Apple’s Apple Pay announcement has created a lot of discussion for its contactless payment technology in the iPhone 6 and iPhone 6 Plus, which will allow consumers to buy products in-store with just a tap of their iPhone.

For retailers, there's a likely loss of actionable data because of the technology Apple is using.But there will also be a vast opportunity to improve security and point of sale flexibility.

Apple Pay leverages a combination of iPhone hardware including NFC technology, Touch ID, and Secure Element — a dedicated chip that stores encrypted payment information — to process payments and ensure the security and privacy of personal data. In fact, both Apple and the retailer won’t know what shoppers are buying because a one-time payment number and a dynamic security code will be used to complete the transaction.

This comes at a time when Chip-and-PIN systems are becoming standard security. The Chip-and-PIN system experienced a fragmented roll-out and low user adoption in the U.S. due to high hardware costs and slow credit/debit card transition to chips, but it has been widely adopted in Europe over the years. But now both strips and PINs are showing their insecure vulnerabilities. Recently, a video went viral that shows how easy it is to steal a PIN with cheap and easily accessible infrared cameras (that attach to iPhones no less!).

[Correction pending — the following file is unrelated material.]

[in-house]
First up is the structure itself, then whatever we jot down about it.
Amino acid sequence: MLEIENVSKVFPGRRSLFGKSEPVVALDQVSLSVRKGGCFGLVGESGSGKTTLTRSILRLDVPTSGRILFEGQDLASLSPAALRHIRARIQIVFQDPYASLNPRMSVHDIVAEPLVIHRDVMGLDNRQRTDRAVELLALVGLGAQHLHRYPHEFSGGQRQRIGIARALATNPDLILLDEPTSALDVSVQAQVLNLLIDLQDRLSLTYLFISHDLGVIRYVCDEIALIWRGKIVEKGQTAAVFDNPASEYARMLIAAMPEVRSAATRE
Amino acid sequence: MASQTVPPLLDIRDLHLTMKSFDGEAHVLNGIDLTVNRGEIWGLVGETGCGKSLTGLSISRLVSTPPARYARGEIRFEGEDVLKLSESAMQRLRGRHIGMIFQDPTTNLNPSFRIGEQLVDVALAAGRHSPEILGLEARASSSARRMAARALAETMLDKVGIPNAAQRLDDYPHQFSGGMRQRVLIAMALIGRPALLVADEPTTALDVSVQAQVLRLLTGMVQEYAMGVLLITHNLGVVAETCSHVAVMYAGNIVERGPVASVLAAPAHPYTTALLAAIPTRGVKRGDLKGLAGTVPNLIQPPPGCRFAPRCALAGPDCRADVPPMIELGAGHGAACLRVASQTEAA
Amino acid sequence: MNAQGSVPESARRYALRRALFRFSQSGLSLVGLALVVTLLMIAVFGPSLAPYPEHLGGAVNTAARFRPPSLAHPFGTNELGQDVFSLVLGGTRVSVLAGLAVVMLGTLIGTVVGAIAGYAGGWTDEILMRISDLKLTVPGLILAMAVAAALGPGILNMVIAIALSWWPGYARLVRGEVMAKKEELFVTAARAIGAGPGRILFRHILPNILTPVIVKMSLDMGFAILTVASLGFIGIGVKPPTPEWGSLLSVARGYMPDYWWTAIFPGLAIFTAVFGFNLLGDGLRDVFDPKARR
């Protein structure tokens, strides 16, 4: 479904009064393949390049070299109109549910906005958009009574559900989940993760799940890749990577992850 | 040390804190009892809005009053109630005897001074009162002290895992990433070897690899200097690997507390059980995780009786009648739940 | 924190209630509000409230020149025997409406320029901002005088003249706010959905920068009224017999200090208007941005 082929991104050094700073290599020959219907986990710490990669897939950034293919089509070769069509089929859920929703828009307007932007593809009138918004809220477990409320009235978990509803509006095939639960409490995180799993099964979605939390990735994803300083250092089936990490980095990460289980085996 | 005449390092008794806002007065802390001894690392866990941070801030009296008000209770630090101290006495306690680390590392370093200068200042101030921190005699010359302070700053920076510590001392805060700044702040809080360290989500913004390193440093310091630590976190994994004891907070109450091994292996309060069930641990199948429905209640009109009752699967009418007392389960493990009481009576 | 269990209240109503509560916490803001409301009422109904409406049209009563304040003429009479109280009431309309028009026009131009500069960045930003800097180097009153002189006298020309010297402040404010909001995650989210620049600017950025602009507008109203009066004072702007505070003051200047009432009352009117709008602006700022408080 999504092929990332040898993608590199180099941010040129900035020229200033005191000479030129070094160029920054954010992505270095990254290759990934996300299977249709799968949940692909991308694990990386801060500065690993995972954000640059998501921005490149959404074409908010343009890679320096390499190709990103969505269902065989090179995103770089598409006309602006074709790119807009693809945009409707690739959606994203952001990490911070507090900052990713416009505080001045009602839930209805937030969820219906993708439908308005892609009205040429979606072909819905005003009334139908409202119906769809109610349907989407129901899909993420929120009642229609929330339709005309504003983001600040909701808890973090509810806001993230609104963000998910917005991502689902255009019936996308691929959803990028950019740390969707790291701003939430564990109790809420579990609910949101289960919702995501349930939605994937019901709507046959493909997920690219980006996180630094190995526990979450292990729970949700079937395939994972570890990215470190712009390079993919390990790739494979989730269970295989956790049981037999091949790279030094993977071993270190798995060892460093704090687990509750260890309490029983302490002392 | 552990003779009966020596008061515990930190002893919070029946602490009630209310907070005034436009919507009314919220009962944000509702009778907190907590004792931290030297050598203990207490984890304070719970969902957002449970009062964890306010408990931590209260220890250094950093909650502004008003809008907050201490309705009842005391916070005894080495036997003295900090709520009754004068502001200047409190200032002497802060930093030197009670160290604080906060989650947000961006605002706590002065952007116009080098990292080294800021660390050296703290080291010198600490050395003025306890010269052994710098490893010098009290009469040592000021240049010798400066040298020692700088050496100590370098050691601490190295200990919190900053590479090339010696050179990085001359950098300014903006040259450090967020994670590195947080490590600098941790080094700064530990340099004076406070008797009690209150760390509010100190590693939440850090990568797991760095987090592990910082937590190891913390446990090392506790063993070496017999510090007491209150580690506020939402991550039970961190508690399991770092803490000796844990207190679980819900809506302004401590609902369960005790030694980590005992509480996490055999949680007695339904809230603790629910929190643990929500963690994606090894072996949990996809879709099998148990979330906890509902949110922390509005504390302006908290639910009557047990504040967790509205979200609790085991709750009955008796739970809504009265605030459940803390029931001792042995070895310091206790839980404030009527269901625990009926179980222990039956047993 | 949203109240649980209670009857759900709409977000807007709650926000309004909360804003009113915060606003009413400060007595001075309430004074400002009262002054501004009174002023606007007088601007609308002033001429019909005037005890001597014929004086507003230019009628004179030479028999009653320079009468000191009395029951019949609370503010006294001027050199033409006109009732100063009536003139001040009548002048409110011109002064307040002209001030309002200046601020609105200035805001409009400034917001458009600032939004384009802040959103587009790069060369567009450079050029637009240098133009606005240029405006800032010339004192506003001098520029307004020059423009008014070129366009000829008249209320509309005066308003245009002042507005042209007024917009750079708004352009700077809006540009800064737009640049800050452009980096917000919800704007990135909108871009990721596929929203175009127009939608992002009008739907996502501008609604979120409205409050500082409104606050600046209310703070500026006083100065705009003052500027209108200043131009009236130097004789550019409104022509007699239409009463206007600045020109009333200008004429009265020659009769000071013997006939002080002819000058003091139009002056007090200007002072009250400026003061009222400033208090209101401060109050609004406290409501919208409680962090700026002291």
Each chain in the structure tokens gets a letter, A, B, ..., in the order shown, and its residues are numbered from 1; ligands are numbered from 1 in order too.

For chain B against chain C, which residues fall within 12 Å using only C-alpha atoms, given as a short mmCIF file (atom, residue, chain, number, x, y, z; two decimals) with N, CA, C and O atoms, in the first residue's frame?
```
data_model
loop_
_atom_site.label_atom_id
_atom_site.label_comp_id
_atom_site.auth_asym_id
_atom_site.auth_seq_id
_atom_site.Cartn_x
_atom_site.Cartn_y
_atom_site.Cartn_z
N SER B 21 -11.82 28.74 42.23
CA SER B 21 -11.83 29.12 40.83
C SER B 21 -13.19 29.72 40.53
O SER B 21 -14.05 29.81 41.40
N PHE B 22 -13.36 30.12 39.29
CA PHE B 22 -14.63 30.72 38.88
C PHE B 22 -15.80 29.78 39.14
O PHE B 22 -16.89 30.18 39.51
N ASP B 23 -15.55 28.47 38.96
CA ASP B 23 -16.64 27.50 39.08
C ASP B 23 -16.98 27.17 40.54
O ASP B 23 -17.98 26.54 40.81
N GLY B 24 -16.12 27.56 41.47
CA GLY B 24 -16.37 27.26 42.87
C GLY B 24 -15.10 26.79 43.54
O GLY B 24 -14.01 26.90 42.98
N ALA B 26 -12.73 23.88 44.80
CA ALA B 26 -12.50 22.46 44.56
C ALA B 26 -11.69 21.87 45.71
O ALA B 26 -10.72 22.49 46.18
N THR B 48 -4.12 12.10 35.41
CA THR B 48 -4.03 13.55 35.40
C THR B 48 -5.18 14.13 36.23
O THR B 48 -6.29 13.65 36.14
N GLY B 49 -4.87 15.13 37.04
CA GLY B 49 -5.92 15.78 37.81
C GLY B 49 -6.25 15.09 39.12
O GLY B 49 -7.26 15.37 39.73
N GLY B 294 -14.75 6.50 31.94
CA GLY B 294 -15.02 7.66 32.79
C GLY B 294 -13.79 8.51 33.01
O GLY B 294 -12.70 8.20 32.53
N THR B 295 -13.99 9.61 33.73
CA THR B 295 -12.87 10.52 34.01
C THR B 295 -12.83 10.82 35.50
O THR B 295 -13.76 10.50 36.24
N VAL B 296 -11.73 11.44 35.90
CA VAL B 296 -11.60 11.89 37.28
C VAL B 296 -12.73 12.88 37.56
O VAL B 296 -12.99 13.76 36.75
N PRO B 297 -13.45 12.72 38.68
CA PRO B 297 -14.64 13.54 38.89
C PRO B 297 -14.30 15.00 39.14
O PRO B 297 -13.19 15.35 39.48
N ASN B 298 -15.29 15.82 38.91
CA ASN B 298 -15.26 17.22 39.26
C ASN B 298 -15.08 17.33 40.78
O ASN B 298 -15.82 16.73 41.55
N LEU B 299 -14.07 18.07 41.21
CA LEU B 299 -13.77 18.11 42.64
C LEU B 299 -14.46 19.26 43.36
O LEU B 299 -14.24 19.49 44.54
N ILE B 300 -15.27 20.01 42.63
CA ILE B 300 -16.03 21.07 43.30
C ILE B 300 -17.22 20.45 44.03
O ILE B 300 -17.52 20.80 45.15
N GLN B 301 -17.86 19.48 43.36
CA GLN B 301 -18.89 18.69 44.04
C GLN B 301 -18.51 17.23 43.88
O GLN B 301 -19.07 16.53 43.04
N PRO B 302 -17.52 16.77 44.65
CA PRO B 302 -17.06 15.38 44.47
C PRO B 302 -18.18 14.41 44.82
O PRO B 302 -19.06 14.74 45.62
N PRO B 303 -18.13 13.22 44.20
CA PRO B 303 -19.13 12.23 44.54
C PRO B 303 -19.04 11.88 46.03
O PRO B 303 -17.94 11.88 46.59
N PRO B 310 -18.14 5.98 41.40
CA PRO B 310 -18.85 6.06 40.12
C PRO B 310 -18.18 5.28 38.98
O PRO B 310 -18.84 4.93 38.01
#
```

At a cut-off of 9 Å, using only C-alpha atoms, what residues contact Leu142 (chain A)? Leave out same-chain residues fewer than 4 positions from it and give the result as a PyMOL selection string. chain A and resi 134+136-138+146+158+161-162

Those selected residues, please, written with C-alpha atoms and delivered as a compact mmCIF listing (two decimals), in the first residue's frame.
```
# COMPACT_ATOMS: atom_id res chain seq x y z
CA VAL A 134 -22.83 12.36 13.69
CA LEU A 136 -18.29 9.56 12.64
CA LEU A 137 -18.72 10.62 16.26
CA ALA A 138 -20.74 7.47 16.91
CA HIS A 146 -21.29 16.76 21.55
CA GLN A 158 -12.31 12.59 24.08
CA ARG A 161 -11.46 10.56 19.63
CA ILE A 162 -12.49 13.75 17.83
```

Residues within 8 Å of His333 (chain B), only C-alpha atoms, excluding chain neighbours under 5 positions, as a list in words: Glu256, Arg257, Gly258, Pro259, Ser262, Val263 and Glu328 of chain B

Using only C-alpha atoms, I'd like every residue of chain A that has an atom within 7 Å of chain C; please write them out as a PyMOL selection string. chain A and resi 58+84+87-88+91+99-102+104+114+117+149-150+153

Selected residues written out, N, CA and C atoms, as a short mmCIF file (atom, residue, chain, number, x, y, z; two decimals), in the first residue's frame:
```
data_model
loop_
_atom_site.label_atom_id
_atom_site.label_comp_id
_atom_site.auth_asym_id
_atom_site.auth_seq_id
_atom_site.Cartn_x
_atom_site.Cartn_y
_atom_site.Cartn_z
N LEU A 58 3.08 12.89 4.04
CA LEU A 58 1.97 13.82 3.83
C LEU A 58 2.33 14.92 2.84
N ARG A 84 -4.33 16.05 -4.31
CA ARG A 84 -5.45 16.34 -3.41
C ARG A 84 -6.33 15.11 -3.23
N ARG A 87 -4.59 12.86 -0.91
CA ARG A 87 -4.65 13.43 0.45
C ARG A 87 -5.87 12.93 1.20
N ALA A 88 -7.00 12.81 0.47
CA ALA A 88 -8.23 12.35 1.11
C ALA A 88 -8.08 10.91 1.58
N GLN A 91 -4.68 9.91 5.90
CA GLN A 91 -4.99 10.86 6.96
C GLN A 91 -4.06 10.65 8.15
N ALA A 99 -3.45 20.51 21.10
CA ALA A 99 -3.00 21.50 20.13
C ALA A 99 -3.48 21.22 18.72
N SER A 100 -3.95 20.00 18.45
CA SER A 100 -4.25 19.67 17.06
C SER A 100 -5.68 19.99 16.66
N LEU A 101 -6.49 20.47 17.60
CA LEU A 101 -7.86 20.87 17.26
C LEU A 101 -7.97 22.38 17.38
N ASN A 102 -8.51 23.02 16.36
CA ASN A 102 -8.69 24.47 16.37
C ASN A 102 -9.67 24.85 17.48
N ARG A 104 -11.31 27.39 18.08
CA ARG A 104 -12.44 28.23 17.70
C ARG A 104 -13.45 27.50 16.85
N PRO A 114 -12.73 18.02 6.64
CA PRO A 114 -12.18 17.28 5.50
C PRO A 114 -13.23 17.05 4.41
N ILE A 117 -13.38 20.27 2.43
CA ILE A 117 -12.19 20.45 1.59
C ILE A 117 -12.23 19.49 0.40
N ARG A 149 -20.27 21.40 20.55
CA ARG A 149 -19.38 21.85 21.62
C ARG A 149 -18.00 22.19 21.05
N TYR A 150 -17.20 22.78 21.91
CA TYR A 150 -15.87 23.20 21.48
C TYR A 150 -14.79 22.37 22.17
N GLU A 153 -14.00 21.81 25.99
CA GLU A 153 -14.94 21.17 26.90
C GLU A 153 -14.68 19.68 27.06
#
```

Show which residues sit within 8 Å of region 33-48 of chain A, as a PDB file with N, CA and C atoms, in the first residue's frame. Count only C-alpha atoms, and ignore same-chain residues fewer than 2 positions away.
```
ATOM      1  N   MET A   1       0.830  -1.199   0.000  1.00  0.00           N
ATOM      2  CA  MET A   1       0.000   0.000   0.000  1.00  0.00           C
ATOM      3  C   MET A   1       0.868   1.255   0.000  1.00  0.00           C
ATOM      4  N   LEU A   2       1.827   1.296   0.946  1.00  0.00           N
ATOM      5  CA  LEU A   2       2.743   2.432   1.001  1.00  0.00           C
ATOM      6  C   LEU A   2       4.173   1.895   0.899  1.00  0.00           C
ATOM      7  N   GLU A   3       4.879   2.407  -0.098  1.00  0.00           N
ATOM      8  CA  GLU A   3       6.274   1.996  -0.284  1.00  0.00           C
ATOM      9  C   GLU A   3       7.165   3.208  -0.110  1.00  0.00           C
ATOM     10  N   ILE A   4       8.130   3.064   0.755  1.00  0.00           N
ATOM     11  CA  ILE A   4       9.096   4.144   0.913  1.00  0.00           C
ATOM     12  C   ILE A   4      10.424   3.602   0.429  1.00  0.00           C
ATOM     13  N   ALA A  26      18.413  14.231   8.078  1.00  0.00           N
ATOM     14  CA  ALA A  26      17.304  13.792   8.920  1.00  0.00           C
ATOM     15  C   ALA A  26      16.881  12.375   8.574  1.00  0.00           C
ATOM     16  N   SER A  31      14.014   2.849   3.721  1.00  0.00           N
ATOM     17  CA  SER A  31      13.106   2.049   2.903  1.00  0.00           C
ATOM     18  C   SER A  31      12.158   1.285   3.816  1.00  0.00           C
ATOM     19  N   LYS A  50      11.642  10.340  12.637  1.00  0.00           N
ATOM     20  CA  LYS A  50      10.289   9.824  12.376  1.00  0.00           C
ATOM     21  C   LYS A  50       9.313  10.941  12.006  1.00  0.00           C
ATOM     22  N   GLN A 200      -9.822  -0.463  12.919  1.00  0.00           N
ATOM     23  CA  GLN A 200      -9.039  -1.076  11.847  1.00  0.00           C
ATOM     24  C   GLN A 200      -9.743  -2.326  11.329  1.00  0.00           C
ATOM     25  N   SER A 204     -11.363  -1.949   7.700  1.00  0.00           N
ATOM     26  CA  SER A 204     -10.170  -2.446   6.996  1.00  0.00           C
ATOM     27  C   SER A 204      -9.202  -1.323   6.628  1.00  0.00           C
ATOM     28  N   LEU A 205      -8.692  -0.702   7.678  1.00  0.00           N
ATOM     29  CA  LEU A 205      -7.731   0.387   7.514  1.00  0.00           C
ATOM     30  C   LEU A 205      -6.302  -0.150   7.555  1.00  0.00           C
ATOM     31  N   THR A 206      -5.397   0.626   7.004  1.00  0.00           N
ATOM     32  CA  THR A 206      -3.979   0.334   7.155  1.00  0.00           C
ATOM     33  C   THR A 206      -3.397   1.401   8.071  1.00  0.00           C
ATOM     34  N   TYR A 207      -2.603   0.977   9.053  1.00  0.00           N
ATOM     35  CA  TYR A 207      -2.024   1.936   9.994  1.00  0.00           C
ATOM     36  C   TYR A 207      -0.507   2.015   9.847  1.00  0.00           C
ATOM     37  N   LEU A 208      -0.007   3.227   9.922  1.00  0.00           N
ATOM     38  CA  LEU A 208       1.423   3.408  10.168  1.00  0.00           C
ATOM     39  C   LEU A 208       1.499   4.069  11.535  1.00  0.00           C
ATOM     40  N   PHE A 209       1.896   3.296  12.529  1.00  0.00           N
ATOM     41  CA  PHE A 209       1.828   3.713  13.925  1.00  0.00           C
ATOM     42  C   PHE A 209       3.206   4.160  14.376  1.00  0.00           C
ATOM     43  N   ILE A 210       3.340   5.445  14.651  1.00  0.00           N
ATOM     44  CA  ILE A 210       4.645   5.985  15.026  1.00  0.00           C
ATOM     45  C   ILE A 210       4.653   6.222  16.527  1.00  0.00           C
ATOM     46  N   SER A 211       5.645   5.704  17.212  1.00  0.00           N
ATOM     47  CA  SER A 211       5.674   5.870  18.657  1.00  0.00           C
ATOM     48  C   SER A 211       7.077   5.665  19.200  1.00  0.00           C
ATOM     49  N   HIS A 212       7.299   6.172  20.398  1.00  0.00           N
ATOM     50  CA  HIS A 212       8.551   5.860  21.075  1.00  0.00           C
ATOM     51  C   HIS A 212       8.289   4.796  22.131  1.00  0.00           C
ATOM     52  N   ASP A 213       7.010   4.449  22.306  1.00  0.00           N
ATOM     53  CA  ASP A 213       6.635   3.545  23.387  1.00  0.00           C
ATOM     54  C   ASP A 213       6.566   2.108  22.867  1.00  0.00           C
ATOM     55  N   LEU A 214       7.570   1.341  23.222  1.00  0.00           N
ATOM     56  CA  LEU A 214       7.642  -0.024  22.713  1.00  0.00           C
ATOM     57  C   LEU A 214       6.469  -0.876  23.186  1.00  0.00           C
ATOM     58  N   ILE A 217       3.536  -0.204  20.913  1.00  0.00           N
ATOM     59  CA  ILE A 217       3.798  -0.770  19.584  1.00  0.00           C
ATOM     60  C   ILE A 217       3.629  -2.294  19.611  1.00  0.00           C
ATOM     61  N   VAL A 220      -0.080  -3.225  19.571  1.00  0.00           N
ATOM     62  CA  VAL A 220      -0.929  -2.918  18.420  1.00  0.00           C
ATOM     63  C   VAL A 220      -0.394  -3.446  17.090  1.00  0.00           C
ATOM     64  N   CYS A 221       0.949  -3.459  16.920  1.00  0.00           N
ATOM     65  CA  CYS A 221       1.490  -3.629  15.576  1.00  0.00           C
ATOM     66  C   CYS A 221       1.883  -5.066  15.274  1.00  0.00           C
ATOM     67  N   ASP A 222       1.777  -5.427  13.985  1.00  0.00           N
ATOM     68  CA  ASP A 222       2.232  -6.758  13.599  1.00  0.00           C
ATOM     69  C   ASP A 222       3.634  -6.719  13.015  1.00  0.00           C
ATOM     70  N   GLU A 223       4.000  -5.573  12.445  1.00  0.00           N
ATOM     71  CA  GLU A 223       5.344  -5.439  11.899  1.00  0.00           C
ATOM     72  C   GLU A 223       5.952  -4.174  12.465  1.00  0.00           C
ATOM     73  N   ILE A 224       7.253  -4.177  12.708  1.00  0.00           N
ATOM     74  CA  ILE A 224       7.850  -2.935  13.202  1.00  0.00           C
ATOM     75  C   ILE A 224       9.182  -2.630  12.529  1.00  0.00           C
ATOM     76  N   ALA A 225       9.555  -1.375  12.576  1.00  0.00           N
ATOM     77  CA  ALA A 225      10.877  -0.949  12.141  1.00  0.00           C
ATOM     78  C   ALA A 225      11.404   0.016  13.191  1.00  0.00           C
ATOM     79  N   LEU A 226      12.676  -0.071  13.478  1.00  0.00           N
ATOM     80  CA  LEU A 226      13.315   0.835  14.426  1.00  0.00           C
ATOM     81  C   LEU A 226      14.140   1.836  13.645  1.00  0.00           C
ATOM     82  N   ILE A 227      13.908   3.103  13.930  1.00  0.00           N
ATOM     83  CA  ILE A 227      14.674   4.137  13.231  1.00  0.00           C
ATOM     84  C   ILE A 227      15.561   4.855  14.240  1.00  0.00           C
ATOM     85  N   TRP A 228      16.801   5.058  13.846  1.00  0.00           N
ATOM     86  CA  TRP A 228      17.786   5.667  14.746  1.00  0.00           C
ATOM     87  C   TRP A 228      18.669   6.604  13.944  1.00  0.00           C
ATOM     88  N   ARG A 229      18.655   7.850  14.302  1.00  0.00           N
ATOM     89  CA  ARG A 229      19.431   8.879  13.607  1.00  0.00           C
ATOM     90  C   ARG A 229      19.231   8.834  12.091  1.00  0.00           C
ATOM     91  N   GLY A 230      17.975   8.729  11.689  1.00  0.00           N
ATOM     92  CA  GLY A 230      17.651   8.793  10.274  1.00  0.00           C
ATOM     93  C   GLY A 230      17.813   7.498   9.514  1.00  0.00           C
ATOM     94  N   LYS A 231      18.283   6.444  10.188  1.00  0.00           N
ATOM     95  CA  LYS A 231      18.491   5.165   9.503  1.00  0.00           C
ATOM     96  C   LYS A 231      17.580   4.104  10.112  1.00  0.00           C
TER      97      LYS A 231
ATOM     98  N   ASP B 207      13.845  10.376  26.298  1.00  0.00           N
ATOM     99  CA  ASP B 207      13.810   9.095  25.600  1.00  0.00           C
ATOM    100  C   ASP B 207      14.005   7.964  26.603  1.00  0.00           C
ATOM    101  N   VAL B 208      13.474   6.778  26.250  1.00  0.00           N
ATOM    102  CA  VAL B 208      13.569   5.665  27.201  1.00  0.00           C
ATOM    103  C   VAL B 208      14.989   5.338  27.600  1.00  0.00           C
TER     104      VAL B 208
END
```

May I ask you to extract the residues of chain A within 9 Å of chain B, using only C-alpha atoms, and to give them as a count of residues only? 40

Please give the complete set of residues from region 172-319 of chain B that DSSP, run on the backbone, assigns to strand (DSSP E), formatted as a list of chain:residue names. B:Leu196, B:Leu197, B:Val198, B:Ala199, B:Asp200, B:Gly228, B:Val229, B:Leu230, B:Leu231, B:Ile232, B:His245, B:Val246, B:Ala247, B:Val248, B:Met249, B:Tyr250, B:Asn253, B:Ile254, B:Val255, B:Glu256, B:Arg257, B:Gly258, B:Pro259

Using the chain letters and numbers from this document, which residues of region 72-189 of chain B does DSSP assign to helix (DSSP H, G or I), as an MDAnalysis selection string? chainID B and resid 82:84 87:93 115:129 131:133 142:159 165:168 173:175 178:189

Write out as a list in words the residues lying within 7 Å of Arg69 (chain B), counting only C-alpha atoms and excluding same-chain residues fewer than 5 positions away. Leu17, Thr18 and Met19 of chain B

In typical Apple fashion, Apple Pay puts consumer needs first, so anonymity of purchase data was touted as a major feature. With Apple’s understanding of refined user-interaction, the secure finger scan and NFC swipe is positively frictionless compared to typing in a PIN number, which is the security mechanism used by Google Wallet and other digital wallet platforms.

And now with Apple leading the market into NFC acceptance, NFC reader penetration at point-of-sale should be much higher. It may also accelerate the killing off of retailer-specific apps by moving the “Uber model” of payment from a specific app into the Apple ecosystem. All of this may be the perfect salve for jittery consumers who are frightened after the Target and Home Depot data breaches.

But is also means that retailers will lose a tremendous amount of value and customer insight found in credit card purchase data. While the loss of transaction data may seem like a huge hit to retailers and their omni-channel efforts, Apple Pay does present some great opportunities for them:

It allows retailers to offload security concerns to the consumer (rather than holding a treasure trove of credit card numbers and names). Apple Pay also provides opportunities for much more flexible mobile POS options and pop-up shops.

Also, the “no card present” fees that Apple negotiated are way lower than standard retailers were able to get from financial institutions. This really moves the needle for retailers by reducing a major hard cost.

Apple Pay additionally provides motivation for the rest of the digital wallet marketplace to follow Apple’s lead. This should eventually lead to greater and faster consumer adoption.

And retailers can still use a combination of loyalty programs and proximity sensors to respond to their customers.

Jonathan Spooner is a retail strategist at Control Group.